7 Myths of Binge Eating Disorder – Dr. Julie Friedman

Separate binge eating disorder myths from facts with these 7 myths of binge eating disorder. From Julie Friedman, Ph.D. of the Compulsive Overeating Recovery Effort (CORE) program at Insight Chicago.

Binge eating disorder is now the most common eating disorder in the U.S., according to the National Institute of Mental Health.

With 2.8 percent of our population experiencing a lifetime prevalence of the disorder, (and this number doesn’t even reflect the mass number of cases that go undiagnosed), binge eating can cause serious health issues if undertreated for a long period of time.

Since a formal diagnosis of binge eating was only officially recognized by the American Psychiatric Association three years ago, Americans often lack awareness or are misinformed about binge eating disorder.

Julie Friedman, Ph.D., director of the Binge Eating Treatment and Recovery Program, shares with us 7 myths about binge eating disorders:

  1. Binge eating can be controlled by willpower. It is common for those with binge eating disorder and/or their families to think that with motivation, the person will recover. This is not true. Patients come in thinking that they have to "buckle down." But binge eating has genetic, physiological, dietary, behavioral contributors and requires multi-disciplinary care. That means it must be treated from a psychiatric standpoint, a medical standpoint and a behavioral standpoint.
  2. Binge eating disorder is made better by dieting. Calorie restriction, skipping meals, skipping snacks or eliminating food groups can all make binge eating worse.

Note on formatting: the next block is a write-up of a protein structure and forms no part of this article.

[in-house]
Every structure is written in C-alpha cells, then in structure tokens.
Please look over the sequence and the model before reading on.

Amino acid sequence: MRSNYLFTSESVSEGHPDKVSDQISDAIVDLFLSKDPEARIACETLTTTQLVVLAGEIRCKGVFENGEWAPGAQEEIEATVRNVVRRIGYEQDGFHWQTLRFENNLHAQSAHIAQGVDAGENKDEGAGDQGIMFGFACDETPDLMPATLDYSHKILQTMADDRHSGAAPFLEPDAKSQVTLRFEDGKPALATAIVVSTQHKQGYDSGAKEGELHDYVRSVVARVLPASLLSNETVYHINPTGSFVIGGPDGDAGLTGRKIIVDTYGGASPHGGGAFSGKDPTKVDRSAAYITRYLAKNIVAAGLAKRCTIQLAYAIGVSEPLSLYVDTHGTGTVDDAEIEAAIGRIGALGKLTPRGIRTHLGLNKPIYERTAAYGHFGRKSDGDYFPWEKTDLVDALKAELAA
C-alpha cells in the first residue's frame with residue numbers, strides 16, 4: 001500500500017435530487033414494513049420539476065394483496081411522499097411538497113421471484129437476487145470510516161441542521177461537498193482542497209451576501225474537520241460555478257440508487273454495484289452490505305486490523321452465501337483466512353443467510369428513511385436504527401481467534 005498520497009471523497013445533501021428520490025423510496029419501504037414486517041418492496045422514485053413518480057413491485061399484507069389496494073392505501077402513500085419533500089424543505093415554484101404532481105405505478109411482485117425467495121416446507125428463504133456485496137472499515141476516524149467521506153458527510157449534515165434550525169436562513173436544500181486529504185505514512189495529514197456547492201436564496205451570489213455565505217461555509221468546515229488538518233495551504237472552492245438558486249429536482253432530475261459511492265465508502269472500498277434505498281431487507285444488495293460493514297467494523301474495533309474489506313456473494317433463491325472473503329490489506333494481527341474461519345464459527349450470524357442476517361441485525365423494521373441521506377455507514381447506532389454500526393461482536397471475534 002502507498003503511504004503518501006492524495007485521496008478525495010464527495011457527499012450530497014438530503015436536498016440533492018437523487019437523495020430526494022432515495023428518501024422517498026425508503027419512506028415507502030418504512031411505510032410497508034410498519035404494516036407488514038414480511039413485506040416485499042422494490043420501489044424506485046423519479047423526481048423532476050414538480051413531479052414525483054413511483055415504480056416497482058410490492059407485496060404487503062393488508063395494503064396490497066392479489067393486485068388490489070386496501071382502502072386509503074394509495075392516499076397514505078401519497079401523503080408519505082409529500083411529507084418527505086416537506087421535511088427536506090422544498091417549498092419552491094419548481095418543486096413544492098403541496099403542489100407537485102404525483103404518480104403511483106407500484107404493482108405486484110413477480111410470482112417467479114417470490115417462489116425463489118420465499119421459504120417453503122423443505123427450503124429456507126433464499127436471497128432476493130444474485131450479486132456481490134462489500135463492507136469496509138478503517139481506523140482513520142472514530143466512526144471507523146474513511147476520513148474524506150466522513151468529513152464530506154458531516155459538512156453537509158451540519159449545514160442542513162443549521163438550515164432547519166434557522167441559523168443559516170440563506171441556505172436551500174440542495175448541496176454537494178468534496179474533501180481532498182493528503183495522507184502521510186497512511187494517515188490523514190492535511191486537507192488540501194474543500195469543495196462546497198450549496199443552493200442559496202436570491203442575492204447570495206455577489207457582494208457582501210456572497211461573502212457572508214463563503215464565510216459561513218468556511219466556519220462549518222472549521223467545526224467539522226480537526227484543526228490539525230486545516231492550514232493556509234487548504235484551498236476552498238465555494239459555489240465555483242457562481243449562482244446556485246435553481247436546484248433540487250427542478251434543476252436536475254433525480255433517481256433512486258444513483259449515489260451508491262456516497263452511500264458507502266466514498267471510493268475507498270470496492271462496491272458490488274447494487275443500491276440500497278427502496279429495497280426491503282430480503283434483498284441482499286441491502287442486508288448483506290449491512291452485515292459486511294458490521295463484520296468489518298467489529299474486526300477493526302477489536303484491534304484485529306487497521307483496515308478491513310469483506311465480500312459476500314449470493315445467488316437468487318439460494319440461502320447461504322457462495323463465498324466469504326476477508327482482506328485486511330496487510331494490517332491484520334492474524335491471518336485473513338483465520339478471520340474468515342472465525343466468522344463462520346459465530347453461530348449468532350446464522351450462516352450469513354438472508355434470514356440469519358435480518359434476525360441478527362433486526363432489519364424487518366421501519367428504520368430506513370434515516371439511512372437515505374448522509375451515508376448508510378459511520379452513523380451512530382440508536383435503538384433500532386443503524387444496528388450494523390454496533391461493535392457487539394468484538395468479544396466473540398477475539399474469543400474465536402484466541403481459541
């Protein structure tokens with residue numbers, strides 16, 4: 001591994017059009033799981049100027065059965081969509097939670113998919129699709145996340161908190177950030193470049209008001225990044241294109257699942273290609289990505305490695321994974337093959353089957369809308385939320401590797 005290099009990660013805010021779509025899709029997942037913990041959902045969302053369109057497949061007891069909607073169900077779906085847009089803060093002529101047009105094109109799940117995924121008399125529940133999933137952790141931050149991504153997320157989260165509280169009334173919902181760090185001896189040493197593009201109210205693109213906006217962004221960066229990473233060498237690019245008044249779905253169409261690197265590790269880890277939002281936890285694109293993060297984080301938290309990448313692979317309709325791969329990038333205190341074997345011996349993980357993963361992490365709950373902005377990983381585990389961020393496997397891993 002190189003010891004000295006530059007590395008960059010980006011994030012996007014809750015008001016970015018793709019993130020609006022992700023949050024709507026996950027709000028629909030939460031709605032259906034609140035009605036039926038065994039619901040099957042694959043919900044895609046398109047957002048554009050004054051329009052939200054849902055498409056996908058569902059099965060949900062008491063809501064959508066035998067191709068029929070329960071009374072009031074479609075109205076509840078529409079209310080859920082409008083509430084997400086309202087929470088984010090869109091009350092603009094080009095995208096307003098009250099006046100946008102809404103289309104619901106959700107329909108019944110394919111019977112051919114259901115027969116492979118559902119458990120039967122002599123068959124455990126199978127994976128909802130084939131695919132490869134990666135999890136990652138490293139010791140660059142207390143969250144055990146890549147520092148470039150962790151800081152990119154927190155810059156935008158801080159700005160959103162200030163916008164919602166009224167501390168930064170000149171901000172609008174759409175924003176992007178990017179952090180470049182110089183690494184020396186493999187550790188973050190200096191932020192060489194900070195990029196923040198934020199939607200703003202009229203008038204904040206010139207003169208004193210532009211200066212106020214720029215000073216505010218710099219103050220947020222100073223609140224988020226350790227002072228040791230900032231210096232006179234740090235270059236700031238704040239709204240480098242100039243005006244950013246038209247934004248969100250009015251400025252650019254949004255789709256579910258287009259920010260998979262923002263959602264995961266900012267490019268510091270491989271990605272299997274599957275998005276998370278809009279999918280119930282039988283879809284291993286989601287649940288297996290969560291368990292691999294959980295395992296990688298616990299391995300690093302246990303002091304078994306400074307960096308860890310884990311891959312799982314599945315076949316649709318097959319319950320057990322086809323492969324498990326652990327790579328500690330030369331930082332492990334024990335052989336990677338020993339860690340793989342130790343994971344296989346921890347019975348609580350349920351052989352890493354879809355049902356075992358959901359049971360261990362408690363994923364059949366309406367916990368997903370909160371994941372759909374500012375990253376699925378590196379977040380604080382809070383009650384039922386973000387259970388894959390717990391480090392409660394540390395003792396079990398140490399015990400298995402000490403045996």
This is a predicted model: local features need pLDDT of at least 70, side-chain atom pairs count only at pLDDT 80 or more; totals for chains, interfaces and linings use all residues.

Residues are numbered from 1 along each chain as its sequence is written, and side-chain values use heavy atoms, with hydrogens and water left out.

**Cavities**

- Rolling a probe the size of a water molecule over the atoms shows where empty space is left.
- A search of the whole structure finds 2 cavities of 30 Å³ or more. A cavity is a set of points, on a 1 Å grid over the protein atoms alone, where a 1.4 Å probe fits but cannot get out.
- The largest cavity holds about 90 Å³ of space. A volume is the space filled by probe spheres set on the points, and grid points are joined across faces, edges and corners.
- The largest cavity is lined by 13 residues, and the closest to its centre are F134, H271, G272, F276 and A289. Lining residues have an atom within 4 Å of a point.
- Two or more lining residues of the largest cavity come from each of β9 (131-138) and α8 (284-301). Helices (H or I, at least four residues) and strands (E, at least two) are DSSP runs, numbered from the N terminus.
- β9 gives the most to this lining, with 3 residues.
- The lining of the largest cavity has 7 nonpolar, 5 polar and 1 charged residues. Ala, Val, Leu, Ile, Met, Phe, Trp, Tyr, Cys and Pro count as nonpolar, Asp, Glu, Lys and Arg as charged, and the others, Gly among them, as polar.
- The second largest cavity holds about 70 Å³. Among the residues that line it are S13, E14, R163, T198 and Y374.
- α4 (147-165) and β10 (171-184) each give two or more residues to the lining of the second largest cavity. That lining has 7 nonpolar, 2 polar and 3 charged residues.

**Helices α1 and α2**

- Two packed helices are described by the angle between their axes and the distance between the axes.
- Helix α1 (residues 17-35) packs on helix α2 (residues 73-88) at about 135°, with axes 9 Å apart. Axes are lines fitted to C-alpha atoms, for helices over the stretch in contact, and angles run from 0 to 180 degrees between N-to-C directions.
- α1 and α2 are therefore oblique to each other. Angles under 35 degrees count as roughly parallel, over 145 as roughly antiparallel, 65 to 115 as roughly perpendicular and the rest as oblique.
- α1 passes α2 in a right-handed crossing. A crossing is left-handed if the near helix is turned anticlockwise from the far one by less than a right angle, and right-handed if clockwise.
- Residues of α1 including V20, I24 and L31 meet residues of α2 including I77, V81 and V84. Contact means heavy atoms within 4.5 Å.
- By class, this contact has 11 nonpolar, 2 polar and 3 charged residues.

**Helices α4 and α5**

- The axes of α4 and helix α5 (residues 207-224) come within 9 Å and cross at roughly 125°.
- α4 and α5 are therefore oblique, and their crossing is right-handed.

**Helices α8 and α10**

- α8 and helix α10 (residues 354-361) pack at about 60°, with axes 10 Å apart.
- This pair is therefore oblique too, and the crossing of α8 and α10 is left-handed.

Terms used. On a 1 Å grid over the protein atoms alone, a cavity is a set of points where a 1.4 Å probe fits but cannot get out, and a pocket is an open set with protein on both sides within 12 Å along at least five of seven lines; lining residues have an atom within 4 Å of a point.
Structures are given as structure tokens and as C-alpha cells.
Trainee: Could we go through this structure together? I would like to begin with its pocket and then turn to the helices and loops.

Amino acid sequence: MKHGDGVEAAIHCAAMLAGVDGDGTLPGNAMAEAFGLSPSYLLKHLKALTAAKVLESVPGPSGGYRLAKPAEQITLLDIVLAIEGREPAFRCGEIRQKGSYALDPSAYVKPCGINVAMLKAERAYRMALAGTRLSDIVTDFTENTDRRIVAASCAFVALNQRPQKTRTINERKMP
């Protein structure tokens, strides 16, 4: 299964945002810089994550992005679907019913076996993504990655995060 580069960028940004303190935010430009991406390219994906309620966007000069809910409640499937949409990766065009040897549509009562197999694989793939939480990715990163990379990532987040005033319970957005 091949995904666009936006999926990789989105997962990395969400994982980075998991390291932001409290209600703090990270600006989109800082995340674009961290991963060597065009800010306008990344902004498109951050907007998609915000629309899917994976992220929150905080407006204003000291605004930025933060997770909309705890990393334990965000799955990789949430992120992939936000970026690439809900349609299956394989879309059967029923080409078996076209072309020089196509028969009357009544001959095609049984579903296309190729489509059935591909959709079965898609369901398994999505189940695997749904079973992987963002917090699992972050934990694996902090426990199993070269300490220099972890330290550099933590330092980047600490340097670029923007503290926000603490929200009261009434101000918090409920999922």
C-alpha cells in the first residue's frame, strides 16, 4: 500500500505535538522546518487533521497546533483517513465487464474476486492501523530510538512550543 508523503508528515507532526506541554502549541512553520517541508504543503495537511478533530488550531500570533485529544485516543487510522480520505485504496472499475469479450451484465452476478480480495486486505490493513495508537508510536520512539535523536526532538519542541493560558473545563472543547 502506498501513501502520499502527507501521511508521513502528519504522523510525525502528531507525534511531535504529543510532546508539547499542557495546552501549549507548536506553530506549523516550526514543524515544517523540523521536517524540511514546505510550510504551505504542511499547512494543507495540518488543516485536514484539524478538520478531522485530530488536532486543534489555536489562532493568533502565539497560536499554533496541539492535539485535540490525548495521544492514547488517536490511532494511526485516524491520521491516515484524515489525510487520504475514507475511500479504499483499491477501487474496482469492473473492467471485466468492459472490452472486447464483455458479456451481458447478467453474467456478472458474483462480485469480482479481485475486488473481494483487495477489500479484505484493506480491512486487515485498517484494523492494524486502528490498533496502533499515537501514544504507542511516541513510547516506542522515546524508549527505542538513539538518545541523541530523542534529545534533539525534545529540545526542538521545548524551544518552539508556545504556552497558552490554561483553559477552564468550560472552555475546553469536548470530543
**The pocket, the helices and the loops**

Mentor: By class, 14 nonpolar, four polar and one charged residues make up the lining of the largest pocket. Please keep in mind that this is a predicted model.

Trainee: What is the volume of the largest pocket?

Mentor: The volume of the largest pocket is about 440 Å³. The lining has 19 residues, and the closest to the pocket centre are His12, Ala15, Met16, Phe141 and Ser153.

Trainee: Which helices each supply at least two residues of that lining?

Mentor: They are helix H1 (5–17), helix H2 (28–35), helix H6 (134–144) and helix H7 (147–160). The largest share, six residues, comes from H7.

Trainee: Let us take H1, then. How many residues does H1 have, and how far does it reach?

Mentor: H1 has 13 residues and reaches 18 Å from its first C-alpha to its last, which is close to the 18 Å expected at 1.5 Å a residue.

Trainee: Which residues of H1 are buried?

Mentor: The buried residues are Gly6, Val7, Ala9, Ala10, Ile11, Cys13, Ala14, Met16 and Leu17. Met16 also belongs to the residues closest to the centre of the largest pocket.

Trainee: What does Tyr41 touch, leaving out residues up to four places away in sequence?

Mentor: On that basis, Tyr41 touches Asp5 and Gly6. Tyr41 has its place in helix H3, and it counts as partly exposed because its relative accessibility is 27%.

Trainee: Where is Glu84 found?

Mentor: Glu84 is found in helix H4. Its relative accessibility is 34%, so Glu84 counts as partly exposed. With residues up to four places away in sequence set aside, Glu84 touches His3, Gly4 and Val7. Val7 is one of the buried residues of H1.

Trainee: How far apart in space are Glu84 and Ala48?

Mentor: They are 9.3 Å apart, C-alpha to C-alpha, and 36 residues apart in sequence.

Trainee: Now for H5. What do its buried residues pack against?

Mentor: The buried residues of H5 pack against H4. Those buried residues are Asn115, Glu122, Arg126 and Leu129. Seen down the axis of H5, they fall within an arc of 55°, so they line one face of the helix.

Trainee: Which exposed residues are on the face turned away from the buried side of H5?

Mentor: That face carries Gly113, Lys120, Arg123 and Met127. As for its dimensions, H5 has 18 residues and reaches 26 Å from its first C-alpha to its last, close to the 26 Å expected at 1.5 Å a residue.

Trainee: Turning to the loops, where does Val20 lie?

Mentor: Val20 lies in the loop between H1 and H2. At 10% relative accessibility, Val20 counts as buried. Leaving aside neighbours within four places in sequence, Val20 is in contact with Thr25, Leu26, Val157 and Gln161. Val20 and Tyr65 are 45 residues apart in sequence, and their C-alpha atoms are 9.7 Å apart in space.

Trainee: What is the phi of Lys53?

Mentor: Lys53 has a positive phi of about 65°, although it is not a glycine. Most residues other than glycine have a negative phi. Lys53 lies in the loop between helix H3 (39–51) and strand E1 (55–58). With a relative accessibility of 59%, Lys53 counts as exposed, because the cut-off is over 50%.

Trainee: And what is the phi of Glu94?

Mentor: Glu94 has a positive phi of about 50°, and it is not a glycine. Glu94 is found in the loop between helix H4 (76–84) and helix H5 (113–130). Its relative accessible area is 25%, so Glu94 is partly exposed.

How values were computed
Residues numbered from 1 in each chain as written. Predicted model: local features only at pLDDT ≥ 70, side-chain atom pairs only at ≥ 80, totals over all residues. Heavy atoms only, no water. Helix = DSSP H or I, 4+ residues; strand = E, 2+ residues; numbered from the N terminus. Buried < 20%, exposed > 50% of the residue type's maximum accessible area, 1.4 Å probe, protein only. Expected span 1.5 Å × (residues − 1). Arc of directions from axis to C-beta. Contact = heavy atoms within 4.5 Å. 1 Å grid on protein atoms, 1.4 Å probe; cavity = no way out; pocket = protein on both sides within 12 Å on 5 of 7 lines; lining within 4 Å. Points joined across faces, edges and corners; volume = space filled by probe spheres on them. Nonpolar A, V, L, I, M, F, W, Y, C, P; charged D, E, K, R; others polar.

3. Binge eating disorder doesn’t require specialized eating disorder treatment. Over half of binge eating disorder patients never received treatment for their eating disorder. Many more attempt to get help with a registered dietitian or general clinician. While both of these professionals are extremely valuable, they are often not enough. Binge eating disorder should be treated by someone who specializes in eating disorders.
  4. Binge eating disorder isn’t dangerous. The disorder puts someone at an increased risk for medical issues that include lipid problems, diabetes, GI problems, metabolic syndrome, non alcoholic fatty liver, and weight problems/obesity.
  5. Binge eating disorder is about the food. Life and relationships are stressful, and treatment of binge eating disorder is about helping manage and cope with the stress in healthy ways. One needs to teach patients how to tolerate feeling bad without using food.
  6. Binge eating disorder can be cured by exploring the deep roots of childhood trauma. While it is definitely helpful to understand factors that might have contributed to the disorder, talking about why you are sad isn’t enough. The disorder must also be treated by working directly on eating behaviors and changing them.
  7. Binge eating disorder will go away with weight loss. Binge eating disorder is not a weight problem. Many people struggle with obesity and do not have a comorbid eating disorder.

Friedman said symptoms of binge eating disorder include:

  • Frequent overeating, at least once a week for three months
  • Eating more rapidly than normal
  • Eating until feeling uncomfortably full
  • Eating large amounts of food when not physically hungry
  • Eating alone because you are embarrassed at how much you are eating
  • Feeling disgusted, depressed or guilty after eating

Fortunately, binge eating disorder can be treated effectively but only if the patient is able to identify that they have an eating disorder and seek professional help.

If you think you or someone you know is suffering from binge eating disorder, please reach out to Eating Recovery Center at (877) 920-2902, where you can chat confidentially with one of our specialists.

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Julie Friedman, Ph.D. is the Vice President of the Binge Eating Treatment and Recovery Program (BETR) at Insight Behavioral Health Center. Insight Behavioral Health Center has locations in Illinois and Austin, in partnership with Eating Recovery Center. 

Jackie Pilossoph writes for Insight Behavioral Health Centers and Eating Recovery Center.

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